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<b>Fountains of Youth</b><br>Sisters Puanani (in blue) and Leilani (in red) Alama may both be in their 80s but they continue to teach hula in their Kaimuki studio.<br>Photo by Elyse Butler
Vol. 16, no. 2
April/May 2013


Who Needs a Bigger Boat? 

Story by Stu Dawrs

Photos by Monte Costa


The squalls are stalled near the horizon a few miles to our starboard. Now and then a band of rain breaks off, runs ashore and crosses the patchwork of lava fields and forest belts on the Big Island’s upper Puna coast. With the rain comes a chill breeze, visible as a dark patch of turbulence rippling across the glassy sea. It blows past and then the calm returns.


The rain is not worrisome, just typical early fall weather for the windward side. Behind us, along Keaukaha and across Hilo Bay, the summit of Mauna Kea is clouded in, but Hilo town glows in intermittent sunlight. A southerly swell is running, perhaps six feet high from trough to crest, but we are about a half-mile offshore. At these depths there is little chance the waves will break. Just a rolling rise and fall, enough that, with fifty yards separating us, we disappear from each other’s view as each swell passes between our two kayaks.


Shawn has three poles on board. The one mounted directly behind him is for ‘öpelu, or mackerel scad, a favored baitfish for deep-water anglers. Two other poles jut from either side of the kayak at forty-five-degree angles, each trolling a five-inch-long Daiwa “crank bait”—double-hooked lures meant for mid-size pelagic fish: Things like aku and ‘ahi, ono and mahimahi, which can weigh as little as five pounds or more than two hundred. Challenging prey, especially if you’re trying to land them while sitting only a few inches off the water in a fourteen-foot boat that doesn’t weigh a whole lot more than the fish themselves.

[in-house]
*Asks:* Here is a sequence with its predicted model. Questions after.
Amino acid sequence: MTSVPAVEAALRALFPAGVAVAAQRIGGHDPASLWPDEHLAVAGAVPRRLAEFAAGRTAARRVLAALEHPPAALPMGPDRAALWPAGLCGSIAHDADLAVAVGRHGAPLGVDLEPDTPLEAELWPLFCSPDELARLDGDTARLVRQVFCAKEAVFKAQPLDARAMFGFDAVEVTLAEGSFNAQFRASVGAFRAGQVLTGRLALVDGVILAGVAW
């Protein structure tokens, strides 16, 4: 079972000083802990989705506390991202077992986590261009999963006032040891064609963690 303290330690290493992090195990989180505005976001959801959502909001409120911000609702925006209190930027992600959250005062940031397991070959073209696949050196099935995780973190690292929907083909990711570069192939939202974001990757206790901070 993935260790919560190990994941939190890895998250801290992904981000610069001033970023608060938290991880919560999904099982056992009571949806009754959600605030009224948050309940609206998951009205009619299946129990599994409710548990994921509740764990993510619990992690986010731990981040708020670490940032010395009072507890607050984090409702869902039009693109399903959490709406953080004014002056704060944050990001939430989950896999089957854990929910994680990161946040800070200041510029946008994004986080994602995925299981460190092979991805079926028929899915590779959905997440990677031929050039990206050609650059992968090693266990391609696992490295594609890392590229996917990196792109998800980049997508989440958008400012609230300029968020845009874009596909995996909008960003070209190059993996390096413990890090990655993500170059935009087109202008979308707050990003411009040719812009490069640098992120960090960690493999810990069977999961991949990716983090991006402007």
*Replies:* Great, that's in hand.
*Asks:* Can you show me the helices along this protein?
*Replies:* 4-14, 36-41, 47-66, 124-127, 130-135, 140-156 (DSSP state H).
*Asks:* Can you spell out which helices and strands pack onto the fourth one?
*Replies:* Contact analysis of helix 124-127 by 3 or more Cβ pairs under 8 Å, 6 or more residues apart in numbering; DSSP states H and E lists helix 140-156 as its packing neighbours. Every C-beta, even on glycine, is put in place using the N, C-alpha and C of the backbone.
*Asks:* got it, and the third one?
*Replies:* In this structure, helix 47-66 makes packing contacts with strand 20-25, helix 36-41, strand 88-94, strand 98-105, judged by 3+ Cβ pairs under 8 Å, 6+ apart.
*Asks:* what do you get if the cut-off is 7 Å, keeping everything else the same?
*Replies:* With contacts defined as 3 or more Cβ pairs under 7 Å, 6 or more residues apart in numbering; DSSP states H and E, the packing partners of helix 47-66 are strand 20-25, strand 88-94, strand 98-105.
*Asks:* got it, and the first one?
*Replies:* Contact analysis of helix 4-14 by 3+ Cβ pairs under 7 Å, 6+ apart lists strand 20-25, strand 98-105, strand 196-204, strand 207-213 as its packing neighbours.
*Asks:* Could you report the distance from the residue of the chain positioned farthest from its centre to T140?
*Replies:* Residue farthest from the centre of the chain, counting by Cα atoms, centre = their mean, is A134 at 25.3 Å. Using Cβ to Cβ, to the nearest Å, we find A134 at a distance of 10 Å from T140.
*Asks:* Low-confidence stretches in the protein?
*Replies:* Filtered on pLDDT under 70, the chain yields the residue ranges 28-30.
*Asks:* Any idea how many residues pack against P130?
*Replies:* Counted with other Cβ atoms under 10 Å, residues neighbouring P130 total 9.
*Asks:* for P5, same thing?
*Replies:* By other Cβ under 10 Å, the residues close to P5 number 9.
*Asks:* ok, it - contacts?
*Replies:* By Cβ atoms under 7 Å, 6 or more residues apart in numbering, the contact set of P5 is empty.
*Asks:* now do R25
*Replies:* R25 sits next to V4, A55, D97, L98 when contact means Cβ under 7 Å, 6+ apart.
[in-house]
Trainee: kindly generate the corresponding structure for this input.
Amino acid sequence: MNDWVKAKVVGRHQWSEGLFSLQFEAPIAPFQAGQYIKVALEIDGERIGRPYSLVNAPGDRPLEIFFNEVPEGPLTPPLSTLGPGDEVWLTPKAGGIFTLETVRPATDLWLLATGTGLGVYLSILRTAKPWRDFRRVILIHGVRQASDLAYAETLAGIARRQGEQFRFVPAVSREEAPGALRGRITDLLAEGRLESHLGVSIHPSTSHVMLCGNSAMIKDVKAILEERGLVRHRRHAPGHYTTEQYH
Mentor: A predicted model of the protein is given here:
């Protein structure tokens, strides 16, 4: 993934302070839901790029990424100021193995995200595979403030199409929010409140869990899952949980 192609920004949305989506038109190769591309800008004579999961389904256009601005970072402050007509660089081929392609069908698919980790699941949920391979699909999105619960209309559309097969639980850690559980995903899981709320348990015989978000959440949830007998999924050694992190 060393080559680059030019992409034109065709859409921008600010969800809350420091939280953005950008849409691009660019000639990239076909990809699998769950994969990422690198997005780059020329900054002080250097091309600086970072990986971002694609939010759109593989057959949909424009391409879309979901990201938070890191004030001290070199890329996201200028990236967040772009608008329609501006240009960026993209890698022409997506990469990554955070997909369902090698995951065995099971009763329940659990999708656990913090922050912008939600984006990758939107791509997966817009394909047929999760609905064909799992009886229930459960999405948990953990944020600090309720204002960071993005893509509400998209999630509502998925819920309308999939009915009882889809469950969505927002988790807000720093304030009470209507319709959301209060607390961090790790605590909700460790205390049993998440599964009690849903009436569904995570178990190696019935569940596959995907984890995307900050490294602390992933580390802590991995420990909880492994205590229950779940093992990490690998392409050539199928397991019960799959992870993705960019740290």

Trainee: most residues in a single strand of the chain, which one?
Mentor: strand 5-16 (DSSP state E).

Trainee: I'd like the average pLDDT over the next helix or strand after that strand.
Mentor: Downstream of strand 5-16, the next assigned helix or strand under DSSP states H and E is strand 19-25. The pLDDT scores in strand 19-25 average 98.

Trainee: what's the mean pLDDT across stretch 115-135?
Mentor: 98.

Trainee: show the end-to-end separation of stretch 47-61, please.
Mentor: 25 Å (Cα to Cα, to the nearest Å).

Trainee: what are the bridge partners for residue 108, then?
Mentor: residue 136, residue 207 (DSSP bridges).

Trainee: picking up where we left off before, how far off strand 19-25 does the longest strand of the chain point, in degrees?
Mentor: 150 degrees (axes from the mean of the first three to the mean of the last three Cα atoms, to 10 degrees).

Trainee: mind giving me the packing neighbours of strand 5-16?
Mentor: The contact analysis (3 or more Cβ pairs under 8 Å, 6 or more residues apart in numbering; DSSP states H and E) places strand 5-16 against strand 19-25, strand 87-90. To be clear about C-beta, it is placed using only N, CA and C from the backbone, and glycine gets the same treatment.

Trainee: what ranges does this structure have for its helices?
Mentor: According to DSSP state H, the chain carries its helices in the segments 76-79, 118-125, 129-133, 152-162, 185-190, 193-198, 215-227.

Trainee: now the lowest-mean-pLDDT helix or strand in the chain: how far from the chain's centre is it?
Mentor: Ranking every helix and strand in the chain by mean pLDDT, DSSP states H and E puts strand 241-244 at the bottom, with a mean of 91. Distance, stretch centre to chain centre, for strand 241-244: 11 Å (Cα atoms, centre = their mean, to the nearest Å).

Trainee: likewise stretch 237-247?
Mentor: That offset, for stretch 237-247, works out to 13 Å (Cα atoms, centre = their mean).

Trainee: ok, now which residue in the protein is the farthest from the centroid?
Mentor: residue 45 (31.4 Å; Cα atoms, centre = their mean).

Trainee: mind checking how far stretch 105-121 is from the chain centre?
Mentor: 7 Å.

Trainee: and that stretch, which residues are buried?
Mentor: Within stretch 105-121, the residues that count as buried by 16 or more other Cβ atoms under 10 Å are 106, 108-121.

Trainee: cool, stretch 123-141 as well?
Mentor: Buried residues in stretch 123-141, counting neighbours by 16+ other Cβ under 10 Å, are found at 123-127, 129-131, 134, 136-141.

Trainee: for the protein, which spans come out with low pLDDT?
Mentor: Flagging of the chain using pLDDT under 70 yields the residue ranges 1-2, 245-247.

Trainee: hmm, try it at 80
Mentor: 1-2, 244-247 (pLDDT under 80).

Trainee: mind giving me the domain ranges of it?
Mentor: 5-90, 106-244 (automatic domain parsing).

I, on the other hand, have only one pole —all the better, because I’m no fisherman. The only reason I’m here is because Shawn Zenor is an old friend of mine, and he’s agreed to introduce me to the world of kayak fishing. I’ve already lost two ono this morning. And the only reason I suspect they were ono is because Shawn had told me that they hit hard and take off running. A few months back, just as he was about to land a decent-size ‘ahi, Shawn saw a flash of silver shoot up from the deep blue: ono. It swallowed the ‘ahi whole and then snapped through the line with its strange jaw, which clamps like a pair of serrated scissors. “That was my lucky lure, too,” Shawn says without a hint of the dramatic. This stuff just happens; you deal with it. At least my line is intact, though my lure isn’t looking so lucky—the hooks are bent, the body scarred with tooth-marks.